Textbook Economics? A Review of The Politically Incorrect Guide to Economics
If people understood economics, then our problems with big government would be greatly reduced. Inflation, big government and even war are rare in ideologically smart societies. However, mandatory government education, socialist propaganda by the media cartel, and politicians serving up trillions in government giveaways has enticed the average American to the dark side.
Political correctness, or the opposition to truth and justice, has fallen on America, seemingly, like a tsunami. It is a crucial weapon of the dark side. In economic matters, the latest Marxist/Progressive’s dark side assault has been economic inequality. This propaganda for higher taxes and more government handouts has been bolstered by decades of bogus government and academic statistical reports. Everyone needs to know some economics to not be bamboozled by this misinformation campaign.
America’s high school and college students are often required to take a course on economics, but most of those classes are anti-economic propaganda against the market and entrepreneurship. The universities and their liberal arts curricula have been entirely infected with Marxism. College graduates go forward knowing a few skills useful to the State, but more importantly are thoroughly brainwashed against the free market.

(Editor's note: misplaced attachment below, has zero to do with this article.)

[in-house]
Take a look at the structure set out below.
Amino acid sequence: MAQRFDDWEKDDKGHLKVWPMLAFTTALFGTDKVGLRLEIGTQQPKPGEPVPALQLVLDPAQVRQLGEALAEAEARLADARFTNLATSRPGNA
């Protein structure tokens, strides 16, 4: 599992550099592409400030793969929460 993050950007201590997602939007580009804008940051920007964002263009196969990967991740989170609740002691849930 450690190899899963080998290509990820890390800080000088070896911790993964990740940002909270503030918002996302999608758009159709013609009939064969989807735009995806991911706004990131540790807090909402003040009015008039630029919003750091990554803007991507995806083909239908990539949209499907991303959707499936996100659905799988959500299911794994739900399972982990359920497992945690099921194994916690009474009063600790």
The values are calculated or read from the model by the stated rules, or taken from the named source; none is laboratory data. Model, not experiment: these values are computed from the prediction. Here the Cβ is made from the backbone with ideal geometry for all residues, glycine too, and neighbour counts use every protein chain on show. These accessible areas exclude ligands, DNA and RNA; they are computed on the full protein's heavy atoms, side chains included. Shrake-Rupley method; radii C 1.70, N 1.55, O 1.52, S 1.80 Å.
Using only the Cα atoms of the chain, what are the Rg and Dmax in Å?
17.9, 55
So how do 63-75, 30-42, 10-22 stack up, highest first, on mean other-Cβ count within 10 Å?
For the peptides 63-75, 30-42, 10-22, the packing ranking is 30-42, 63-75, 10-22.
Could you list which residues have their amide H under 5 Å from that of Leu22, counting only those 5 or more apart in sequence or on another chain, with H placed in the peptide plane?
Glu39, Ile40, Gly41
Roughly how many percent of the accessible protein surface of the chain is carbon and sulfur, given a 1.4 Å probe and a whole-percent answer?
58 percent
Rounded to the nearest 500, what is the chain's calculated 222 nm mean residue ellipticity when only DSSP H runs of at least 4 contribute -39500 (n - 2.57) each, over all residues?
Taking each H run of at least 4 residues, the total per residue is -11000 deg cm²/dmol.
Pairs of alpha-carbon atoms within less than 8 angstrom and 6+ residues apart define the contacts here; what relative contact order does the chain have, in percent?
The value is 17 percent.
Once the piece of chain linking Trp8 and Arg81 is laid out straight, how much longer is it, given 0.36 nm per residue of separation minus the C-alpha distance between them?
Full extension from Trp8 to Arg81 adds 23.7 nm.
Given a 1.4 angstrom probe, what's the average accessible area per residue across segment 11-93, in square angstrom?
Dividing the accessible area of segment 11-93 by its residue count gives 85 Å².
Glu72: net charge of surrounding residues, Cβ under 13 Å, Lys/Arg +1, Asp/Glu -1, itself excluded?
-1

The modern Marxist agenda also includes environmentalism, gun control, population control, information control, etc., but at its core is economics. Thomas DiLorenzo’s latest book, the Politically Incorrect Guide to Economics is a most effective antidote to anti-economics that I have read. He is the author of many great books, but I consider Politically Incorrect the most important and crucial today. Readers of Frederick Bastiat and Henry Hazlitt need to advance to this book.
Homeschoolers, high schoolers, and college students need to read DiLorenzo’s book as well as the new book by Per Bylund, How to Think About the Economy: A Primer. Bylund’s primer is a one day read and clears the propaganda cobwebs from your mind and “primes” you for rational thinking about the economy.
Without getting too effusive about Politically Incorrect or too detailed about its contents, I intend to review the book, unconventionally, as a textbook in economics as it has all the desirable elements of an introduction without all the drawbacks of a typical textbook.
To reiterate, this is not a textbook, but it does have all the crucial elements of economics presented in a very pleasant and effective manner.
Instead of starting with a “perfect” and unrealistic notion of the market
Article from LewRockwell